Running Time: 97 mins
Reviewer: David Gillespie – HCF Official Artist
If it ain’t broken then don’t fix it. This seems to be a saying that Hollywood stick to when they get a winning tried and tested formula in their hands. Although the posters for Dark Skies would have you believe that the producers of Insidious, Paranormal Activity and Sinister are delivering a new horror phenomenon, what they are really serving up is a total rehash of Insidious and the PA series with aliens rather than ghosts/ demons.
Kerry Russell plays Lacy Barrey, a hard working wife and mother that is trying to make ends meet amidst the economic slump. Her husband Daniel (Josh Hamilton) is struggling to get work and her sons, Jesse (Dakota Goyo) and Sam (Dakota Goyo) are troubled by their parent’s stress and bickering. To make matters worse, strange things are happening within the confines of their home. Their alarm system is repeatedly going off for no reason, strange and elaborate structures are found constructed with household implements, family photographs are being replaced by blank ones and a plethora of birds have decorated their guts on the outside woodwork after a high speed collision course. Apart from the bird suicide (disorientating rays from US naval equipment creating a form of drift migration being the logical solution?!), the parents believe that Jesse and Sam might be the source of the pranks and worry that their stress is rubbing off on the youths. Although the brothers offer no explanation to the incidents, Sam does suggest that it might be a lanky, pale fella called the Sandman that has been contacting him during the night. When the family members start to take unexplained fits and Lacy freaks out in style during a client meeting, they realise that something might well be out of place. Lacy notices that Sam’s sketch depicting him holding hands with alien-like creatures resembles a drawing in an article that was made by a child that was allegedly abducted by extraterrestrials. After coming to the conclusion that her family are under threat from little green men, she contacts the genre stereotype expert, Edwin Pollard (the ever reliable, JK Simmons). Pollard has survived an attack by the ‘greys’ but has also been mentally and physically scarred by the experience ever since. After a brief lecture on how to guard against the onslaught, the Russell family fortify their home for the inevitable attack.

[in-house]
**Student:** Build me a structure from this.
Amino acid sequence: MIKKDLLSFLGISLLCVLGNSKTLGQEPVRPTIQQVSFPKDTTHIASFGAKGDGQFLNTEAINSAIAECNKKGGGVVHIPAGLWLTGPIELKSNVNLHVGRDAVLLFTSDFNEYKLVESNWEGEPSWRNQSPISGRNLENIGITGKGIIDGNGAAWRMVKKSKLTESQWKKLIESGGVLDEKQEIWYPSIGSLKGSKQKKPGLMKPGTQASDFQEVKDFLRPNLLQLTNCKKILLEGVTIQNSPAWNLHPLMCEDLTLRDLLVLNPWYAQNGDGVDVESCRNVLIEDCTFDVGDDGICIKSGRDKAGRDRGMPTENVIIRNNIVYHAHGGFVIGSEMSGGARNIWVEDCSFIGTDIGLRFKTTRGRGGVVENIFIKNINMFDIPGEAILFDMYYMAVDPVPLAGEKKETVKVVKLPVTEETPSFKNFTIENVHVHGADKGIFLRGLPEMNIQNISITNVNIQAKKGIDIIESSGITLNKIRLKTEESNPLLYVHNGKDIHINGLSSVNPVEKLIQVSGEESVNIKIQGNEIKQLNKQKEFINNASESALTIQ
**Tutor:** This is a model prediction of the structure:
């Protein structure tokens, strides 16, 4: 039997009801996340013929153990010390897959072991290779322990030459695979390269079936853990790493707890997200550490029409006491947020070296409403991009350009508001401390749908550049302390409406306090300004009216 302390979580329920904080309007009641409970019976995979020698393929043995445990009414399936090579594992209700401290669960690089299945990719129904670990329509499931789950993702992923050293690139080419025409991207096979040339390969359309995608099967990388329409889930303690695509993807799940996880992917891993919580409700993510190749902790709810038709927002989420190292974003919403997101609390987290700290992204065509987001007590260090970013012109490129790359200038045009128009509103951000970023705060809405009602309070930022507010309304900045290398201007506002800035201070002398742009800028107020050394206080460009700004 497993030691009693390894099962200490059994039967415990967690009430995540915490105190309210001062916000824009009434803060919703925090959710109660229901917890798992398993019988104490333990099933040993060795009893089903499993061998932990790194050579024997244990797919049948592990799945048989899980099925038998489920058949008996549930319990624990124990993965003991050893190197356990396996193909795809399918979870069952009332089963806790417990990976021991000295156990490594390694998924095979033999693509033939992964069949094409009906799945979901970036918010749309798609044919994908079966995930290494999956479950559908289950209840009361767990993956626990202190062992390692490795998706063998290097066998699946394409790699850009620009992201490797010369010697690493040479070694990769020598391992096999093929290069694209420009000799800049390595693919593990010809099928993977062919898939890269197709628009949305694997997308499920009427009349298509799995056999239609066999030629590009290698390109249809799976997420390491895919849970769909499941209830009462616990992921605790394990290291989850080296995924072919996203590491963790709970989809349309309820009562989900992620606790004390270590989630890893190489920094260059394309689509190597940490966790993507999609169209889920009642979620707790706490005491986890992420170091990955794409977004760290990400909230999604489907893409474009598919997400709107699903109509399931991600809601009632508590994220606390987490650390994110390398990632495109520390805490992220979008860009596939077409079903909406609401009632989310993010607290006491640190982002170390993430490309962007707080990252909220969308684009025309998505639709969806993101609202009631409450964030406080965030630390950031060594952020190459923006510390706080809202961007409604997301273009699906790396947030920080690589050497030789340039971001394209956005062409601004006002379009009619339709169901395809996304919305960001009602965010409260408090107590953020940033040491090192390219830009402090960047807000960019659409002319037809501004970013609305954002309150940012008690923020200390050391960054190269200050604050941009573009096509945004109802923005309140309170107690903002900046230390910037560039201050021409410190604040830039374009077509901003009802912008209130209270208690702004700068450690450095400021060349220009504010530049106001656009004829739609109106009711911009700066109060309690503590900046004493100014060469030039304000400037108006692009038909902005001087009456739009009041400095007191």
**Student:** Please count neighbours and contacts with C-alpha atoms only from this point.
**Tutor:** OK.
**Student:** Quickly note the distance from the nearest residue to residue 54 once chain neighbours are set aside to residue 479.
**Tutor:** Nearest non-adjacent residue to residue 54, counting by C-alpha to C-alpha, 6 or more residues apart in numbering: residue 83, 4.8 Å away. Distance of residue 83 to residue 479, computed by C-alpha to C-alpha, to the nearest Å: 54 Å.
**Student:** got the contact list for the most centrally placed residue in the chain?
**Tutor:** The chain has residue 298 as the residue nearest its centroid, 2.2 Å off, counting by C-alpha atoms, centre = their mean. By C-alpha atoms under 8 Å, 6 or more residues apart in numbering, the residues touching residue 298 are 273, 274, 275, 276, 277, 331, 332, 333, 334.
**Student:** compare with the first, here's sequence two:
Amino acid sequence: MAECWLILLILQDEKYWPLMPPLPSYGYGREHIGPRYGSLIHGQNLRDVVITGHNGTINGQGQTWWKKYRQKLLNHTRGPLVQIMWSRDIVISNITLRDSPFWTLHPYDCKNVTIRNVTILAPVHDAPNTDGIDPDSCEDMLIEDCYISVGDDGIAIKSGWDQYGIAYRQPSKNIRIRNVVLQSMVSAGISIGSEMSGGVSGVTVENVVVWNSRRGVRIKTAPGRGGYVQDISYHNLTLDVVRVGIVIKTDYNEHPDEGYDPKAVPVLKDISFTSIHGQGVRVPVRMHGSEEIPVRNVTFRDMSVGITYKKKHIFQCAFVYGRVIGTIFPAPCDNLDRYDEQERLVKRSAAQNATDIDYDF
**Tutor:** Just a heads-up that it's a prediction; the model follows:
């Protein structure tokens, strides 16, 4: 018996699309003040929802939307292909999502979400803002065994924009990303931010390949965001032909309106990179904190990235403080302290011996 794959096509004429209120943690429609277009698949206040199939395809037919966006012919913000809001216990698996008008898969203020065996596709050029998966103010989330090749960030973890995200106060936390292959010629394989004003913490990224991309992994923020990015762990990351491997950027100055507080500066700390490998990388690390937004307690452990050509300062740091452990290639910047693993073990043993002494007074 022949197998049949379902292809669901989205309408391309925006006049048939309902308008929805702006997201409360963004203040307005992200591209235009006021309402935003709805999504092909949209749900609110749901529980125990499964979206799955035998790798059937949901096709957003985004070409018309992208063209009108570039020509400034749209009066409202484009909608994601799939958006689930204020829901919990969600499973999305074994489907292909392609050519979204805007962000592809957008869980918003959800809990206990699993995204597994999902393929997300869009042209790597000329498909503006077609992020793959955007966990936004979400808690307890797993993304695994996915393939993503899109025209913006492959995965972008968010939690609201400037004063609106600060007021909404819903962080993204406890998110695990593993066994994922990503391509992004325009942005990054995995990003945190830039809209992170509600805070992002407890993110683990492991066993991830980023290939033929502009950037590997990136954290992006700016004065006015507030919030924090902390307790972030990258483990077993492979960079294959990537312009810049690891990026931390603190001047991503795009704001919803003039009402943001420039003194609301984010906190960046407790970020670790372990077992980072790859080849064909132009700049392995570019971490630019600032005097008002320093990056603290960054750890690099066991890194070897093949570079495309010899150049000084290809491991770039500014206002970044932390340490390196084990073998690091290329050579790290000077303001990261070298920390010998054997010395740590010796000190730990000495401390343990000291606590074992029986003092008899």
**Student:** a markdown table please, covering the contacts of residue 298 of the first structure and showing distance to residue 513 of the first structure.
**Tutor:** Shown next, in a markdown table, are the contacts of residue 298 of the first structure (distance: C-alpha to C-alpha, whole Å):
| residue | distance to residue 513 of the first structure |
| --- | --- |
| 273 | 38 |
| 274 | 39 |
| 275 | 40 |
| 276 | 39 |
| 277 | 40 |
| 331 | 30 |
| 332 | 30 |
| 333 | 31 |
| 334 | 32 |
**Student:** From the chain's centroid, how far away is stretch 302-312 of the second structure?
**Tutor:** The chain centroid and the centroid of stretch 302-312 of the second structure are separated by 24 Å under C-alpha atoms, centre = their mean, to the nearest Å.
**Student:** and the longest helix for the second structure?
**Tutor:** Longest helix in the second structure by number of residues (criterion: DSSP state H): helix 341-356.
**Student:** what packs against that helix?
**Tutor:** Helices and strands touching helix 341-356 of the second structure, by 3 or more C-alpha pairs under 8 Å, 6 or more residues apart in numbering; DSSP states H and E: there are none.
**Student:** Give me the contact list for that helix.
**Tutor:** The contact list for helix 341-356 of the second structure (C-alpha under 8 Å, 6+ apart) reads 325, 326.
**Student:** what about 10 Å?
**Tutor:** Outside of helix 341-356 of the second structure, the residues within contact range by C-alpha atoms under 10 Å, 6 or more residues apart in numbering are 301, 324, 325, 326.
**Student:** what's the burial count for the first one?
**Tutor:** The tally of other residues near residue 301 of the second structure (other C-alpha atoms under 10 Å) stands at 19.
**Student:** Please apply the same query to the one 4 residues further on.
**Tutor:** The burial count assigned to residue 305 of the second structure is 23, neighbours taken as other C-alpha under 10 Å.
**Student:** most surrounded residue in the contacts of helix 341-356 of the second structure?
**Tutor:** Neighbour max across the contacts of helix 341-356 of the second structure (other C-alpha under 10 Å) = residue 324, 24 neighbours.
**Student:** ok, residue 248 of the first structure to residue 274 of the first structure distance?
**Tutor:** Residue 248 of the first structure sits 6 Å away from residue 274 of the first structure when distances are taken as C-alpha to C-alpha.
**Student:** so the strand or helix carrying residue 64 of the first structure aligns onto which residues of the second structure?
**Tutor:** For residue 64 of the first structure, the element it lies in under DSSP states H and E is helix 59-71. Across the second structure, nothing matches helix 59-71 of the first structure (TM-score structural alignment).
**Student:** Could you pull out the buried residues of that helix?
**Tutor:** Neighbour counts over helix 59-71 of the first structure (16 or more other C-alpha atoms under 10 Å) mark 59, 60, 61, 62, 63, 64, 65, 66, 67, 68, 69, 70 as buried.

Dark Skies is a solid enough shock-ride for the dating crowd with low expectations but it is about time that someone came up with some new ideas. The build-up scenes are so similar to previously made films that you are pre-empting the scares before they happen. Long spaces of silence are interrupted by excessively loud sound effects that gain yells of shock from half the audience and groans of familiarity from the more experienced other half. One sequence when Lacy enters her youngest son’s bedroom and witnesses someone standing above his bed successfully tests the durability of the underwear but it is a cheap, carbon copy of a moment from Insidious. All the other effects, including the mass bird suicide and the head banging scene, will be familiar with anyone who has watched the recent television and cinema advertisements. By the time the house is under siege from extra-terrestrial dudes it’s just another case of who is going to be abducted and what the lame twist is going to be.
The acting for the most part is fairly good. Kerry Russell does well to come across believable while being laboured with a pretty awful script. Her character spends most of the movie trying to persuade her stupid and disbelieving husband that there is no rational explanation for the stange series of events that are affecting them. JK Simmons has fun hamming it up as eccentric loner that might offer the young family some slim hope regards defending their home.
Dark Skies is a passable but ultimately forgettable entry in the alien abduction genre. It offers very few new ideas and remains another workmanlike offering from Blumhouse productions.